Therefore, in another photoelectric conversion device according to the present invention, the electron-donating organic material layer is in direct contact with the transparent electrode, the p-type inorganic semiconductor layer, or the group-A back electrode, and is overlaid on the n-type inorganic semiconductor layer or the group-B back electrode via the electron-accepting organic layer.

Examples of the combination of the organic materials for the overlaid organic material layers in the present invention, particularly in the case where two organic material layers are overlaid, include perylene pigment/phthalocyanine pigment, perinone pigment/phthalocyanine pigment; anthraquinone pigment/phthalocyanine pigment; perylene pigment/quinacridone pigment; and perylene pigment/merocyanine compound.

When three organic material layers are overlaid, examples of the combination of the organic materials include perylene pigment/phthalocyanine pigment/quinacridone pigment; perylene pigment/cyanine compound/quinacridone pigment; perylene pigment/squarylium compound/quinacridone pigment; perylene pigment/phthalocyanine pigment/charge transfer agent; perinone pigment/phthalocyanine pigment/quinacridone pigment; and anthraquinone pigment/phthalocyanine pigment/quinacridone pigment.

Examples of preferable combinations of electron-accepting organic compounds for use in the second organic material layer 12a and the second organic material layer 12b as shonw in FIG. 2 include perylene pigment (450 to 600 nm)/perinone pigment (400 to 550 nm); perylene pigment/flavanthrone (400 to 550 nm); perylene pigment/acceptor compound (400 to 500 nm); perinone pigment/acceptor compound; Crystal Violet (500 to 650 nm)/perylene pigment; and anthraquinone pigment (450 to 600 nm)/acceptor compound. The figures in the parentheses indicate the main spectral absorption band in the visible light range.

Examples of preferable combination of electron-donating organic compounds for use in the second organic material layer 12a and the second organic material layer 12b as shown in FIG. 2 include phthalocyanine pigment/quinacridone pigment; squarylium compound/quinacridone pigment; phthalocyanine pigment/charge transfer agent; phthalocyanine pigment/electron-donating compound; phthalocyanine pigment/electroconductive polymer; merocyanine compound/charge transfer agent; merocyanine compound/electron-donating compound; squarylium compound/charge transfer agent; and quinacrydone pigment/charge transfer agent.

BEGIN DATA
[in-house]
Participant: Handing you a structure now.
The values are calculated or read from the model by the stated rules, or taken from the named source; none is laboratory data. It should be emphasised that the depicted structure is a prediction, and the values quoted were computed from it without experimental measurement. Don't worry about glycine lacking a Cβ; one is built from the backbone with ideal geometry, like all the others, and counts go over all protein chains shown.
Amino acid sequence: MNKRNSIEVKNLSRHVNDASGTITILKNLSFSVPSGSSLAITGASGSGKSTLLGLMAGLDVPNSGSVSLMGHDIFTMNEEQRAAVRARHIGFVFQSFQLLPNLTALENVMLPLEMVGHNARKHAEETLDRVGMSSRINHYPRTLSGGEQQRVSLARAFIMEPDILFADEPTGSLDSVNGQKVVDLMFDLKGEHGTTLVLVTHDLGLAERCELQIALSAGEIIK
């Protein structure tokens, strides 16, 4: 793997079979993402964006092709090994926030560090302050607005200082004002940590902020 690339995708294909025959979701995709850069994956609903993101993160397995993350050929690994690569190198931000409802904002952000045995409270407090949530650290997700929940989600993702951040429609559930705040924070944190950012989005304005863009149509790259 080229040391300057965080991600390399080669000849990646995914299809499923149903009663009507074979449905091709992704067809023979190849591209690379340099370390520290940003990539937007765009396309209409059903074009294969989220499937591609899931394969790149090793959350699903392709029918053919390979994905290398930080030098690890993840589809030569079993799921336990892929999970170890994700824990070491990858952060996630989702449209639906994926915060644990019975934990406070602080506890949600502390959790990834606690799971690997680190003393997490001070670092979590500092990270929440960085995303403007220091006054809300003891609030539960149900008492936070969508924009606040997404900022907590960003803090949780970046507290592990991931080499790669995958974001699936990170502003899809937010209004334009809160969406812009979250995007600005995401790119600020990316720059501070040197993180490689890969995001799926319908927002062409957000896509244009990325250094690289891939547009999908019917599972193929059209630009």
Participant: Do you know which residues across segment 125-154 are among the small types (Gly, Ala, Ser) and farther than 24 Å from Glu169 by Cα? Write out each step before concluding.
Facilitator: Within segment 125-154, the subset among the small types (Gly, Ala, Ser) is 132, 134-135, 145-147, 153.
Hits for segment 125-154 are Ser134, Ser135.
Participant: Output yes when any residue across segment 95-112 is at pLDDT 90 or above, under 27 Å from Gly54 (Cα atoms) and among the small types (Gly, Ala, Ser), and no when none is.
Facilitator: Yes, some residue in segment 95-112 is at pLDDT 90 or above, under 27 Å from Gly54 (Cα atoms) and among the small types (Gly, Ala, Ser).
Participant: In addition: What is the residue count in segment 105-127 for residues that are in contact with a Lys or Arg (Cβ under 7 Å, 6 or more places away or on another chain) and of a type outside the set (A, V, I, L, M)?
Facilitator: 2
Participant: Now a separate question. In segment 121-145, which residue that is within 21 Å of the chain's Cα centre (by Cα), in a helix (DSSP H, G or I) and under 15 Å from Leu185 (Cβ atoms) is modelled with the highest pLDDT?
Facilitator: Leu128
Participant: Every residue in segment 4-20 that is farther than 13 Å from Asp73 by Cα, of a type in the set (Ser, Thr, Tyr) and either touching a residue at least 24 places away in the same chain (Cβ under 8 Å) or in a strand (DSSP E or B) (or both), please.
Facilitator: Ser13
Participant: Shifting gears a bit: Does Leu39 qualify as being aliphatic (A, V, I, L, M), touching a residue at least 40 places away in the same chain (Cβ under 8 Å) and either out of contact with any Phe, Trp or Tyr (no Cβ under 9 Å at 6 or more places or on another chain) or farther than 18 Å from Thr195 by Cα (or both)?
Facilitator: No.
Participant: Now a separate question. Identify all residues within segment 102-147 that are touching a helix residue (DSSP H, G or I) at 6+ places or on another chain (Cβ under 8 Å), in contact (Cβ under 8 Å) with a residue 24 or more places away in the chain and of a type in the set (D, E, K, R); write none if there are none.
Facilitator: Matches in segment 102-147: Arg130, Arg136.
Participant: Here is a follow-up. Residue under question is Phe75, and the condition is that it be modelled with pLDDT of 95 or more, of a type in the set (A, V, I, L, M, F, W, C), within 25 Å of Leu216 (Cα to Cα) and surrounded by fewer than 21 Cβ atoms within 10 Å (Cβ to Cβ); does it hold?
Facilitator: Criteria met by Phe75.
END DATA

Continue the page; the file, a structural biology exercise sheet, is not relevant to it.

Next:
It is preferable that each of the organic material layers have a thickness of 30 Å to 3000 Å since even when the organic material layer is thicker than 3000 Å, the Jsc value does not increase, and when the organic material layer is thinner than 30 Å, there is the tendency that the light absorption of the organic material layer itself decreases so that the Jsc value also decreases.

The features of this invention will become apparent in the course of the following description of exemplary embodiments, which are given for illustration of the invention and are not intended to be limiting thereof.

EXAMPLE 1

An zinc oxide layer having a thickness of 1500 Å, a perylene tetracarboxylic acid bismethyl imide (PL-ME) layer with a thickness of 200 to 1500 Å, an aluminum chloro phthalocyanine (AlClPc) layer with a thickness of about 700 Å were successively deposited on a clean ITO glass plate (made by Matsuzaki Shinku Co., Ltd.) with a resistivity of 30 Ω/□ serving as a substrate by the DC magnetron sputtering method under the conditions that the substrate temperature was set at about 300° C. and argon gas was employed as an introduction gas.

An Au layer was deposited on the uppermost organic layer by vacuum deposition in such a manner that the correspondingly area overlapped by the ITO layer on the glass substrate and the Au layer was 0.25 cm2. A lead wire was attached by a silver paste to each of the two electrodes, that is, the ITO layer and the Au layer, whereby 12 photoelectric conversion devices according to the present invention were fabricated, with 2 photoelectric conversion devices for each PL-ME layer with the same thickness. The specific thickness of the PL-ME layer of each photoelectric conversion device is indicated in FIG. 4.

Additional photoelectric conversion devices according to the present invention were fabricated in the same manner as mentioned above except that the thickness of the PL-ME layer was set at about 650 Å and the thickness of the AlClPc layer changed from about 300 Å to 1500 Å, with 2 photoelectric conversion devices for each AlClPc layer with the same thickness. The specific thickness of the AlClPc layer of each photoelectric conversion device is indicated in FIG. 5.

A white light beam with 75 mW/cm2 was applied to the ITO layer side of these photoelectric conversion devices, with sweeping application of a voltage of 6 mV/s to the Au electrode layer to obtain an I-V curve and to estimate the conversion efficiency thereof.